Text and photos by Lau Sook Mei
You will be surprised to know that this 1938 mosque, also known as Masjid Lama Kampung Dal, was not built by local Malay builders but Chinese artisans who involved the local community in the gotong royong (teamwork) spirit. It was built at a cost of RM8,000, borne by the 30th Perak Sultan, Sultan Iskandar Shah (r. 1918-1938). Incidentally, the Sultan is the head of the Islamic religion of the state.
Located at Kampung Kuala Dal, Padang Rengas, less than 2 km north from the interchange after you exit the North-South Expressway Toll Plaza in Kuala Kangsar, Masjid Ihsaniah Iskandariah was accorded national heritage status upon completion of its restoration in December 2009.
According to the website of the Department of National Heritage, Jabatan Warisan Negara, while returning from his Royal Highness’ favourite picnic spot at Lata Bubu, Sultan Iskandar Shah saw that the locals had only a dilapidated madrasah where they conducted prayer sessions. He vowed to have a mosque constructed for his subjects if his son recovered from an illness. He did and Masjid Ihsaniah Iskandariah was built on waqaf land originally endowed by Juragan Abdul Syukur Mohamad Ali.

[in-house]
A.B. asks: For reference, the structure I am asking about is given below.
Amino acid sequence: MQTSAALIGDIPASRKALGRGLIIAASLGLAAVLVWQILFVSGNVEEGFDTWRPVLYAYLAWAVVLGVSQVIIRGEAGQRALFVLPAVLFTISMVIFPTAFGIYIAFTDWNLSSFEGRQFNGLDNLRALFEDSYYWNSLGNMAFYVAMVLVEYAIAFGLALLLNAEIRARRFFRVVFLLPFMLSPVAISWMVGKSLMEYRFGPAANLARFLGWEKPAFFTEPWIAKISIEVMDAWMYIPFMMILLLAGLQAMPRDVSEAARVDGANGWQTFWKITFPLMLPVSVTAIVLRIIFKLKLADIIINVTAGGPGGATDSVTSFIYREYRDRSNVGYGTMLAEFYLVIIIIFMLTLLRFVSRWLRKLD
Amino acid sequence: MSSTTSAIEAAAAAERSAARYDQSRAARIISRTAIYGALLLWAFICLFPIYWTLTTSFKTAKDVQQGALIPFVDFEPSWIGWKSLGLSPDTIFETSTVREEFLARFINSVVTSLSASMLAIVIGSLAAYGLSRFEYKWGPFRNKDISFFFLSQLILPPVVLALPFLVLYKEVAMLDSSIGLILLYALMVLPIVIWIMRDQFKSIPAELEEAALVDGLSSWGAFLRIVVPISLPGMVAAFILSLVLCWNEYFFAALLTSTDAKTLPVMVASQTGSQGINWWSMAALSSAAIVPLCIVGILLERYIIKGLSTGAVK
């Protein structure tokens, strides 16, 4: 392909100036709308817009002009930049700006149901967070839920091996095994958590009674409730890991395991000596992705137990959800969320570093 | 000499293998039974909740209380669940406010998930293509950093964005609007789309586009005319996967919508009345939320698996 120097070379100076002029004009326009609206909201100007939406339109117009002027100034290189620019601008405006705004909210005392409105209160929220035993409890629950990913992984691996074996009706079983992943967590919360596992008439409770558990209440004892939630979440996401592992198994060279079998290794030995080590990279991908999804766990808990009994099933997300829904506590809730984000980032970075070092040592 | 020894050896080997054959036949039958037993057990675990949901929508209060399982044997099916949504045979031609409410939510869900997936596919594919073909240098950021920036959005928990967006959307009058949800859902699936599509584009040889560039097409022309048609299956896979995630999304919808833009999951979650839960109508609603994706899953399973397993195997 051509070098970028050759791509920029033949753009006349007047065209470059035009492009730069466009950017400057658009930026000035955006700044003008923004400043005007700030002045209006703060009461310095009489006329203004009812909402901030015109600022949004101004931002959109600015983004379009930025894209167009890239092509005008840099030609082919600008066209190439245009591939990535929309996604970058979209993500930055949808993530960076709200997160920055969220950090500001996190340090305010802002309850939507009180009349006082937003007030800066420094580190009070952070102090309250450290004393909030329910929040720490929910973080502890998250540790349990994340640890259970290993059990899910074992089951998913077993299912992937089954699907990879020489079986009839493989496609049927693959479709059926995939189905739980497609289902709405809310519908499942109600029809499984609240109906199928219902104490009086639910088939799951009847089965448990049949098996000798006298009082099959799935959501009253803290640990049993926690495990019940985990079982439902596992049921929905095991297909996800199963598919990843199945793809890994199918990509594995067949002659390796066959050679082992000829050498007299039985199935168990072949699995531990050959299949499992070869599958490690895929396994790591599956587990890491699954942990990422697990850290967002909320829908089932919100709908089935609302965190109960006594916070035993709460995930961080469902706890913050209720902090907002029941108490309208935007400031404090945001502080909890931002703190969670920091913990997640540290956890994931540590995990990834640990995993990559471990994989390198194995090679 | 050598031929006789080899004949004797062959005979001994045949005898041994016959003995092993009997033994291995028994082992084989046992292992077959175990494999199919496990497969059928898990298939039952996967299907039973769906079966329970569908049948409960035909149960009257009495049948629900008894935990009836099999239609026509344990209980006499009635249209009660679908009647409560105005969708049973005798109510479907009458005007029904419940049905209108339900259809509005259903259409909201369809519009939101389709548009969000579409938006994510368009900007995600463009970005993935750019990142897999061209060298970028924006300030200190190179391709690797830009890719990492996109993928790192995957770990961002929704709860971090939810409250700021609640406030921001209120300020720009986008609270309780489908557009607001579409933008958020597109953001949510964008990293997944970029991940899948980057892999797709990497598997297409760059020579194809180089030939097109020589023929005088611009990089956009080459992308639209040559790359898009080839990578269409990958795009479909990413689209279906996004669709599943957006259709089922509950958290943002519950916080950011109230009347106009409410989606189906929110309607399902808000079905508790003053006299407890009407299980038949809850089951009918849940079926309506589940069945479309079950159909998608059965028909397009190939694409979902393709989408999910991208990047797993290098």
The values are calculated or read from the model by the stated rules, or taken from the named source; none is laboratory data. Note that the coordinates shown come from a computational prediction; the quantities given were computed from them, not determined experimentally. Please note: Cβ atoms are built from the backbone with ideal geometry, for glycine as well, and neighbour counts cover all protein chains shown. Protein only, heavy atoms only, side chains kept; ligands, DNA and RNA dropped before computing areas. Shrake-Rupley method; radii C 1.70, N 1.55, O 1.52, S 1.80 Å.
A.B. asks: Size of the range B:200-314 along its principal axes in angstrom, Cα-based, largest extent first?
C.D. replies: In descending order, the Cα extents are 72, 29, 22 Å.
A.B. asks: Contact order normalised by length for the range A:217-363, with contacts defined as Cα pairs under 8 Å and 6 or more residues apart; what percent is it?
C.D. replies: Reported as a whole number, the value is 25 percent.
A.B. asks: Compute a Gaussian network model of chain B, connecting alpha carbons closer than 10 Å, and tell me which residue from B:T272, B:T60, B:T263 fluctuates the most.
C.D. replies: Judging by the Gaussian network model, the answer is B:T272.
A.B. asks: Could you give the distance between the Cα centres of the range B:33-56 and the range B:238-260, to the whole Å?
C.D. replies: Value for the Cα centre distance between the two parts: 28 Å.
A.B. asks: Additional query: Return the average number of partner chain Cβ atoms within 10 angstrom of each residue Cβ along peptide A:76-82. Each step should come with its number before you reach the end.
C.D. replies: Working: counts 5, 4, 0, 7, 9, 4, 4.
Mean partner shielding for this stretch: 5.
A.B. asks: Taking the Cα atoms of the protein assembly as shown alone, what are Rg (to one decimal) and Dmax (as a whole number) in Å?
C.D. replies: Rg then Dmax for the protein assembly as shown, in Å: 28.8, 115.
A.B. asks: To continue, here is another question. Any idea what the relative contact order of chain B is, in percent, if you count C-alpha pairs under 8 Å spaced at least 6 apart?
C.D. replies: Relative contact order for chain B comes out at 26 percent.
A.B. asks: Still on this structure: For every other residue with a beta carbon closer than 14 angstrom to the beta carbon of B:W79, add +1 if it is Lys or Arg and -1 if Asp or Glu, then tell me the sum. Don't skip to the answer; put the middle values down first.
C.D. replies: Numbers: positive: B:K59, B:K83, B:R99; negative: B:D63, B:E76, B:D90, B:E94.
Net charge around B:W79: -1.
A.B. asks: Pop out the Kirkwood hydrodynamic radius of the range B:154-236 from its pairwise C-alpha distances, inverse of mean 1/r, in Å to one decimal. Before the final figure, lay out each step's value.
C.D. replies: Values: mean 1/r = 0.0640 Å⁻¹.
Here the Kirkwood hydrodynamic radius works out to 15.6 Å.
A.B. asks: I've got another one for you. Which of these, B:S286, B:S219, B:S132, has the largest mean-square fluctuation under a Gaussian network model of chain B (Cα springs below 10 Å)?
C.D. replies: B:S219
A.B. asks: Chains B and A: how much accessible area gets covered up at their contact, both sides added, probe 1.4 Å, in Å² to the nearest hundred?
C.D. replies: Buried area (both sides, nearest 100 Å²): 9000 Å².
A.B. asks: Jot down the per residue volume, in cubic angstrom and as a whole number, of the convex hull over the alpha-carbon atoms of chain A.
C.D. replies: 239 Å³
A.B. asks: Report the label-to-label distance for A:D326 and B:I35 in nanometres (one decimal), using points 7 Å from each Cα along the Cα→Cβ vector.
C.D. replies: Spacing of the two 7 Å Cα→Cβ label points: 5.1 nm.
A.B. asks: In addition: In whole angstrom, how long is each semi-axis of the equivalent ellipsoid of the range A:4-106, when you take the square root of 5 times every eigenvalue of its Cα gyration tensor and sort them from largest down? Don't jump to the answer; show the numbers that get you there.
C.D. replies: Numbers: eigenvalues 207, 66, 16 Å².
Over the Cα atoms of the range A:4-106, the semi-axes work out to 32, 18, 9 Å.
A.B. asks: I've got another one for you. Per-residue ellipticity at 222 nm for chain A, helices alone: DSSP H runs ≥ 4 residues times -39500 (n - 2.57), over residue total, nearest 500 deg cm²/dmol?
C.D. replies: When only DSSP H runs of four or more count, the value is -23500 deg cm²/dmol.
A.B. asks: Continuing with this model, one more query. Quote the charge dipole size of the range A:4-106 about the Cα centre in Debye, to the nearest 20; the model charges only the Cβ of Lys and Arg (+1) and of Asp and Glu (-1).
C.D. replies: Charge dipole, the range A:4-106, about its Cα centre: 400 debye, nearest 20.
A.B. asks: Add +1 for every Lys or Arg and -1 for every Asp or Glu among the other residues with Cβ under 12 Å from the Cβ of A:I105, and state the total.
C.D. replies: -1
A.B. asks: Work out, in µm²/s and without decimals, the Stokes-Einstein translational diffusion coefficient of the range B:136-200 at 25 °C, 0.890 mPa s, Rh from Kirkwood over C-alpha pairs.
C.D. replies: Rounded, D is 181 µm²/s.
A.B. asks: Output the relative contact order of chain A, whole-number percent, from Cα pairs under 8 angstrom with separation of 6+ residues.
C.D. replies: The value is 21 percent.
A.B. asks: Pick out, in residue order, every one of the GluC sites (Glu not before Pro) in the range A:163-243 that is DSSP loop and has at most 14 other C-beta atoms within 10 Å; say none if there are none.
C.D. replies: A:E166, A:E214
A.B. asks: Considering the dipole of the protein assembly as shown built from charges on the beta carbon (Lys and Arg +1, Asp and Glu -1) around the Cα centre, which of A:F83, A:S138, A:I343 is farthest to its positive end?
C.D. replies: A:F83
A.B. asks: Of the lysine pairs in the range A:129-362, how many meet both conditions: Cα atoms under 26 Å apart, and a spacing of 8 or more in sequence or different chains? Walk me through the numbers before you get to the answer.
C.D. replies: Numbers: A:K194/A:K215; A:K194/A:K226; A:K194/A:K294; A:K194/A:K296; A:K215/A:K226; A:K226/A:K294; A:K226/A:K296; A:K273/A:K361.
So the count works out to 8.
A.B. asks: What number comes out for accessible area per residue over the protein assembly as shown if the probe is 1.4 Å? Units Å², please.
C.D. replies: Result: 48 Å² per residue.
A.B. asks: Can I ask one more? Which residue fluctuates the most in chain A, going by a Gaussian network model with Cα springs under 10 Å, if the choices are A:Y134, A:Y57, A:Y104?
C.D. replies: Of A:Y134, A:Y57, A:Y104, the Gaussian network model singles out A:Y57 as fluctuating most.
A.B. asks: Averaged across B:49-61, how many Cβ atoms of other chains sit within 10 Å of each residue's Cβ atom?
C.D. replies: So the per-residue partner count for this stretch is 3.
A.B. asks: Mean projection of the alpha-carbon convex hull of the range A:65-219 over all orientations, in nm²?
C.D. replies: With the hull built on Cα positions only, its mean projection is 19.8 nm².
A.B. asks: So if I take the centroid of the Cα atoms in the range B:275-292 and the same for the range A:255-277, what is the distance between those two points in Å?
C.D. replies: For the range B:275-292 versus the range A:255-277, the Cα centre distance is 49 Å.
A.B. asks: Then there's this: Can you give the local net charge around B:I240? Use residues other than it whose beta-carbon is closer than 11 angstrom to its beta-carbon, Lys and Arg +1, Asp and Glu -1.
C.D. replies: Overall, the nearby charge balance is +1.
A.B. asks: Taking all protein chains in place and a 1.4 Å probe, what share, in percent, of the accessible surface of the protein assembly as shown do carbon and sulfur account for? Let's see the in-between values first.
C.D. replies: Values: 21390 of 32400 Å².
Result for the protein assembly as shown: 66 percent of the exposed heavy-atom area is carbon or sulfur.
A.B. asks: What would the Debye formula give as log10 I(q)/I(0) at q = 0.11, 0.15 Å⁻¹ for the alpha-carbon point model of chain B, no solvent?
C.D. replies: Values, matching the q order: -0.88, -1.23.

The two-storey building has a unique shape, for a mosque, and a design that resembles a bird cage. Its architectural style is very much in tune with the Sultan’s Istana Kenangan (completed 1931) in Bukit Chandan, Kuala Kangsar. It has a low-pitched roof of zinc sheets. The walls are woven bamboo (kelarai), and above the windows the ventilators are adorned with intricate carvings in wood.
Abandoned since 1976 when the Masjid Al-Wahidiah was built in the same compound, the Masjid Lama fell derelict. Because of its historical significance, the Department of National Heritage undertook to restore it. Taking almost a year, restoration work adopted traditional construction method, with the woven bamboo wall-cladding and woodcarvings done by craftsmen in the district. The diamond-shaped Arabic geometry pattern of the kelarai was painted the colours of the Perak flag.
During a recent visit to the Masjid Ihsaniah Iskandariah in late May, barely half a year after its restoration, the PHS team was dismayed to discover that the paint on the kelarai and some parts of the concrete skirting has come off. Could these be the result of our harsh tropical weather or is it inappropriate paintwork? Surely, once restored, buildings need maintenance and monitoring so that they do not degenerate to a miserable state, like the Rumah Kutai on the Ipoh Road outside Kuala Kangsar.
Something needs to be done to ensure the paint stays on the kelarai of this enchanting mosque.
Please visit https://perakheritage.files.wordpress.com/2009/12/phs-3-5-ecopy.pdf for related story.